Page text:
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Steward Health Care Puts All Hospitals for Sale After Declaring Bankruptcy

Analysis  |  By Jay Asser  
   May 10, 2024

The struggling hospital operator is searching for financial solvency while keeping its facilities open.

Steward Health Care announced this week that it has filed for Chapter 11 bankruptcy and put all 31 of its U.S. hospitals up for sale as it attempts to dig its way out of financial ruin.

The Dallas-based health system, which is the largest physician-owned hospital operator in the country, has suffered a precipitous fall after accruing significant debt stemming from missed rent and vendor payments, which lawmakers have laid at the feet of its previous private equity ownership, Cerberus Capital Management. Steward marks the latest example of private equity-backed companies in healthcare going awry due to mismanagement and overleveraging.

In announcing its bankruptcy filing—a move regulators anticipated—Steward said it is finalizing debtor-in-possession financing from Medical Properties Trust for initial funding of $75 million and up to an additional $225 million upon the satisfaction of certain conditions.

“Steward Health Care has done everything in its power to operate successfully in a highly challenging health care environment. Filing for Chapter 11 restructuring is in the best interests of our patients, physicians, employees, and communities at this time,” Ralph de la Torre, CEO of Steward, said in the news release. “In the past several months we have secured bridge financing and progressed the sale of our Stewardship Health business in order to help stabilize operations at all of our hospitals. With the delay in closing of the Stewardship Health transaction, Steward was forced to seek alternative methods of bridging its operations.”

One day after declaring bankruptcy, the operator stated that it has put all of its hospitals across eight states up for sale.

During a court hearing in Houston, Steward attorney Ray Schrock told U.S. Bankruptcy Judge Chris Lopez that the health system wants to keep all of its hospitals open as it works to complete transactions by the end of the summer.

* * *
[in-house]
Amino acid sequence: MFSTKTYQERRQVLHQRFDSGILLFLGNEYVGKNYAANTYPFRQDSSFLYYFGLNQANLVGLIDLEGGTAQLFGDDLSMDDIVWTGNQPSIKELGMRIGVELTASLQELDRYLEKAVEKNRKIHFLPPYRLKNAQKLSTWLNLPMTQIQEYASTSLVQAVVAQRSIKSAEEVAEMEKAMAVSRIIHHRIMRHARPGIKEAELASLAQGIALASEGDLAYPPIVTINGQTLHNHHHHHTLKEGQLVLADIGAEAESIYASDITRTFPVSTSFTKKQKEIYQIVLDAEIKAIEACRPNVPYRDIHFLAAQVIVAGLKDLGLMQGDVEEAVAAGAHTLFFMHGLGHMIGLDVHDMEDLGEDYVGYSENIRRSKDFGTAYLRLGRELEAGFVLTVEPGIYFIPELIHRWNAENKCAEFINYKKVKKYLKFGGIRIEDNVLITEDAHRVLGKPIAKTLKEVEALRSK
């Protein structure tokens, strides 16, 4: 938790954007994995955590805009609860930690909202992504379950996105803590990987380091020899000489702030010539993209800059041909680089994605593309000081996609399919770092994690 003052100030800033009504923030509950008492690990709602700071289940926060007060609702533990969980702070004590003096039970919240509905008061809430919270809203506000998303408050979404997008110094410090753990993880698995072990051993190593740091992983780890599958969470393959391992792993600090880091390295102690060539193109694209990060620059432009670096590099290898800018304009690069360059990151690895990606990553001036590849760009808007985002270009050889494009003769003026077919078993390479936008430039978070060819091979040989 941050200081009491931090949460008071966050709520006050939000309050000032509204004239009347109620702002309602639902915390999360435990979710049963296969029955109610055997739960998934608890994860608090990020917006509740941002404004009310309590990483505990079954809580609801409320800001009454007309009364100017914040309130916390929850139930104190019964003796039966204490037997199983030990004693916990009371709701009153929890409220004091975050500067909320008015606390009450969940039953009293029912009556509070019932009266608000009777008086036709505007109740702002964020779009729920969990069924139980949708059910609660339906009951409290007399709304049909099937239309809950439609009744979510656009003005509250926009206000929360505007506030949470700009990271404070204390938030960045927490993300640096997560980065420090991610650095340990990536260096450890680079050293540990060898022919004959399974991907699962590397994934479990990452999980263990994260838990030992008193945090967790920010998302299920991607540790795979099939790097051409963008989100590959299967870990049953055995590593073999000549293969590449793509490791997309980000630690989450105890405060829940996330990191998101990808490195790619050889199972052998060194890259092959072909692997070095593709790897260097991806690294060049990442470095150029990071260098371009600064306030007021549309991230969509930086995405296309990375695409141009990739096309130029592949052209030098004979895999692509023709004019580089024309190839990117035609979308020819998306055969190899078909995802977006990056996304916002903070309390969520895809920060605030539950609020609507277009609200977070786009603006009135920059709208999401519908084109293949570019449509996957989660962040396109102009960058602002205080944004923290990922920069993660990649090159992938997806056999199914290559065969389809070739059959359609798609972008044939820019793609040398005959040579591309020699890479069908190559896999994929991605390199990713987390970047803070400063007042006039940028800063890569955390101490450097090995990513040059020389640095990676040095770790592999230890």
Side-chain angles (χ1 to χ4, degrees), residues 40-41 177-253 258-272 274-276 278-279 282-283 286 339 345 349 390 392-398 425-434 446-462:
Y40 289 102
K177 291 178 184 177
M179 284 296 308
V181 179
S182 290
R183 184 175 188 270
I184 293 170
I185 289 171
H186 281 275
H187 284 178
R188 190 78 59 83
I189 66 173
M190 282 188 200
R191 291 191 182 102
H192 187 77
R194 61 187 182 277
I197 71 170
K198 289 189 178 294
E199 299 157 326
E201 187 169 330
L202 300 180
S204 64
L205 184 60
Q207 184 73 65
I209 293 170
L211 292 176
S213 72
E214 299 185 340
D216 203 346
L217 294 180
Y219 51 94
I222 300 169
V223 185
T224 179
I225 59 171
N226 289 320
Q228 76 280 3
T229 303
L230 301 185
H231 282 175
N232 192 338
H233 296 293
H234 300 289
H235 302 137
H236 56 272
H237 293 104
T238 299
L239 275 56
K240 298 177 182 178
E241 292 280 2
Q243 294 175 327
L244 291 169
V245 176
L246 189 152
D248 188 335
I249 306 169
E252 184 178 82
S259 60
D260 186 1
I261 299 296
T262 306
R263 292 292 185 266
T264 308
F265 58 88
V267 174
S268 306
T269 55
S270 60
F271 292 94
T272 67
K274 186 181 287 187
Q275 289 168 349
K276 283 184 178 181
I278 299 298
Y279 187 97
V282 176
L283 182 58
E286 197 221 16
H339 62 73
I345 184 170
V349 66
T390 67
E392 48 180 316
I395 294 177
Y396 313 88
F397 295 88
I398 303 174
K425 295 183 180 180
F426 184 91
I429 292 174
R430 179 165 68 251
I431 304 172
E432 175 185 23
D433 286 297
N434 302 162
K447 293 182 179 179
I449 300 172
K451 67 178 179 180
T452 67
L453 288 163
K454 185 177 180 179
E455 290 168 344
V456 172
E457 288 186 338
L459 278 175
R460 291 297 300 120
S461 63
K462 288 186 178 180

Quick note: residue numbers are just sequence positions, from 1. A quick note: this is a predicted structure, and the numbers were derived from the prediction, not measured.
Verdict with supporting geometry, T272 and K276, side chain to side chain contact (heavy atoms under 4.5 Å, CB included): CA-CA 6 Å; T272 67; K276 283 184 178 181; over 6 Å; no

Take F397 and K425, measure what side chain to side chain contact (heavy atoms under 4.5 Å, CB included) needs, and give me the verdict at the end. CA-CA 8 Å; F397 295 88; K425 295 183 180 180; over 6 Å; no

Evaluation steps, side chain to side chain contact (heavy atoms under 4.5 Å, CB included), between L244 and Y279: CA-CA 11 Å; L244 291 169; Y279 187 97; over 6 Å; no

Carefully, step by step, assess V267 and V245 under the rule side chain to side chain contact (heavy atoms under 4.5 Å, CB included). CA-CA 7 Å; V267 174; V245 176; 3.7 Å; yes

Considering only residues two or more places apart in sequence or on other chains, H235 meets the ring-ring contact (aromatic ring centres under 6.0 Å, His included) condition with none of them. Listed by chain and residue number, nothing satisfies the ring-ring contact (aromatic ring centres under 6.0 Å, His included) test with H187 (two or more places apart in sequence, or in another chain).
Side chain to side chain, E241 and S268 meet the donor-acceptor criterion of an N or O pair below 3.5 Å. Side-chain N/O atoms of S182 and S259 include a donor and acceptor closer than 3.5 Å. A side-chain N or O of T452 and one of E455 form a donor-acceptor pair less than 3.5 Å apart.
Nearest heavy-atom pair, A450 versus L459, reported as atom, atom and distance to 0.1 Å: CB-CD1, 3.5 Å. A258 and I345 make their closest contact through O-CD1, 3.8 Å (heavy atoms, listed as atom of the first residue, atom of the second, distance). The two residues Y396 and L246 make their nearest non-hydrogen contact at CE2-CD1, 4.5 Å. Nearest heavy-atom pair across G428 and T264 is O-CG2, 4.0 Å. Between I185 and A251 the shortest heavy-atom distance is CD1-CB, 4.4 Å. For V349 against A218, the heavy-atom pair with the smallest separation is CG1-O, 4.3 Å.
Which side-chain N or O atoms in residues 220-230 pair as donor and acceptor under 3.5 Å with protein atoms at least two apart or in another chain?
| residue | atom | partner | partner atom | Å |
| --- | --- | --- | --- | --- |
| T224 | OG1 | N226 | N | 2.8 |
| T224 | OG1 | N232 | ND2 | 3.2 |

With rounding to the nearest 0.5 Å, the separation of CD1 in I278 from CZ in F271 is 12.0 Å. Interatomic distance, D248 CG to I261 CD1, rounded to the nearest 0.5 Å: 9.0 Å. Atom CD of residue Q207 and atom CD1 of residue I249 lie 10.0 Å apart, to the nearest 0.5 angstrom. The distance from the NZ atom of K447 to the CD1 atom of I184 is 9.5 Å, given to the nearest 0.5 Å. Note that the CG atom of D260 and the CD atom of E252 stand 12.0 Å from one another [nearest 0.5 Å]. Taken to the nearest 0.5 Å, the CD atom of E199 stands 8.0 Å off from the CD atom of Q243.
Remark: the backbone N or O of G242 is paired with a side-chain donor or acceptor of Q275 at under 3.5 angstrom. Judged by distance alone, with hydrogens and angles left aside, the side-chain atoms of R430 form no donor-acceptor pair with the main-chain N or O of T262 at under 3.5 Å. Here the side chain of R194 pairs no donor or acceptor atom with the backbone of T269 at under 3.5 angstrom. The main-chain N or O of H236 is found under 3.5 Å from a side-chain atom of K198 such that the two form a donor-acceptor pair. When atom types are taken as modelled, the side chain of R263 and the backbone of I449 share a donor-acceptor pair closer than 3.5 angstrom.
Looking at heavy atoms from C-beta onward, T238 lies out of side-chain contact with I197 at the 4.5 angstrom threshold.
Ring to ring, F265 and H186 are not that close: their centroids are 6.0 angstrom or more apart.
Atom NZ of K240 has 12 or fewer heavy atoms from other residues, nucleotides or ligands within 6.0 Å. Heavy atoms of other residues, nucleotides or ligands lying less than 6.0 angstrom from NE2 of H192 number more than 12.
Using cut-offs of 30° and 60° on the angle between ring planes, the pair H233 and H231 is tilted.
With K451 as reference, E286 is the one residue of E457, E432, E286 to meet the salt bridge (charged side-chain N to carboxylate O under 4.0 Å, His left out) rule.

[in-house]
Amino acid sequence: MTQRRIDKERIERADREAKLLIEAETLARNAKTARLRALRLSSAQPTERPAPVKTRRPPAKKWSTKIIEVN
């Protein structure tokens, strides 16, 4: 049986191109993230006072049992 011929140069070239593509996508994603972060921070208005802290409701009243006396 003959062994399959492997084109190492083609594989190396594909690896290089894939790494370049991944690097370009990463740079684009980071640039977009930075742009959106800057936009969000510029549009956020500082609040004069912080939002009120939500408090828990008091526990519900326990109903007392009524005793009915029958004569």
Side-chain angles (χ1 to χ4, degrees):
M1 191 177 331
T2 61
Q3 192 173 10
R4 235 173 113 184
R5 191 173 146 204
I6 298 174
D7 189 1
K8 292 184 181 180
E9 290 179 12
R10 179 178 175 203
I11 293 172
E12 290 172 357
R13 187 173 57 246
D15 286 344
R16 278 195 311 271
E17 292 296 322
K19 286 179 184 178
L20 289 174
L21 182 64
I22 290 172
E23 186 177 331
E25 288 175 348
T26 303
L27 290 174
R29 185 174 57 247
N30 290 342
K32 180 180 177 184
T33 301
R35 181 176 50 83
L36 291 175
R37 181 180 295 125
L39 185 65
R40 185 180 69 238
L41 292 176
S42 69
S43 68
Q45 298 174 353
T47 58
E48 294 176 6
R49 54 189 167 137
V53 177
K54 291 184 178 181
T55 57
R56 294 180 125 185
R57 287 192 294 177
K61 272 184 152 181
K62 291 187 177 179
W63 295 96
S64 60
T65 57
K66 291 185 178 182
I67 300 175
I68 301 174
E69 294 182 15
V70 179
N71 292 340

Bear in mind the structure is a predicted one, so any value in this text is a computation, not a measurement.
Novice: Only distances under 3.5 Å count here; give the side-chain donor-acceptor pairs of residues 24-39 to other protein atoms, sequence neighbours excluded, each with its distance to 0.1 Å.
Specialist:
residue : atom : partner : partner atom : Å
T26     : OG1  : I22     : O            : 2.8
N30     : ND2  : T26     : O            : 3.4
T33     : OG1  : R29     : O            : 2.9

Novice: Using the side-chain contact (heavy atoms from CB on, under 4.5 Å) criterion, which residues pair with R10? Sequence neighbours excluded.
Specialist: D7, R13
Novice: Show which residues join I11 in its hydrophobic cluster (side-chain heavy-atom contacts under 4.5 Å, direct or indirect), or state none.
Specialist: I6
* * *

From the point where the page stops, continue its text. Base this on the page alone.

Steward has over $9 billion in total liabilities, including $1.2 billion in loans, $6.6 billion in long-term rent obligations, almost $1 billion in unpaid vendor bills and $290 million in unpaid wages and benefits, according to court documents. Schrock said that the operator had $6 billion in annual revenue before filing for bankruptcy.

Spotlight on private equity

Not every private equity-backed organization in healthcare has gone down the path of Steward, but the operator’s unraveling has further put private equity’s impact on the industry under the microscope.

With much of the growth in private equity happening at the level of physician employment and consolidation though, Steward’s bankruptcy is a bit of an outlier in regards to health systems, Pam Stoyanoff, president and chief operating officer at Texas-based Methodist Health System, told HealthLeaders.

“Considering private equity in general, healthcare is complicated, local, capital and labor intensive, and relational. The wheels can turn slowly,” she said. “The requirement for higher and more rapid investor financial returns that are emphasized by private equity firms can be underestimated and consequently detrimental. To some extent, I believe that’s what we are seeing with Steward.”

Bankruptcies by private equity companies in healthcare, however, are on the rise, according to a report from the Private Equity Stakeholder Project.

This past year saw 17 such bankruptcy cases, which accounted for 21% of all healthcare bankruptcies. In comparison, the previous three years combined for 13 bankruptcies.

Lawmakers have taken notice and the result could be legislation designed to create more ownership transparency.

Jay Asser is the contributing editor for strategy at HealthLeaders. 


Facing $9 billion in total liabilities, Steward Health Care filed for bankruptcy before putting all 31 of its hospitals up for grabs in the latest chapter for the floundering health system.

While bankruptcies in healthcare by private equity-owned companies have been on the rise, one health system leader believes Steward’s situation is somewhat of an outlier.

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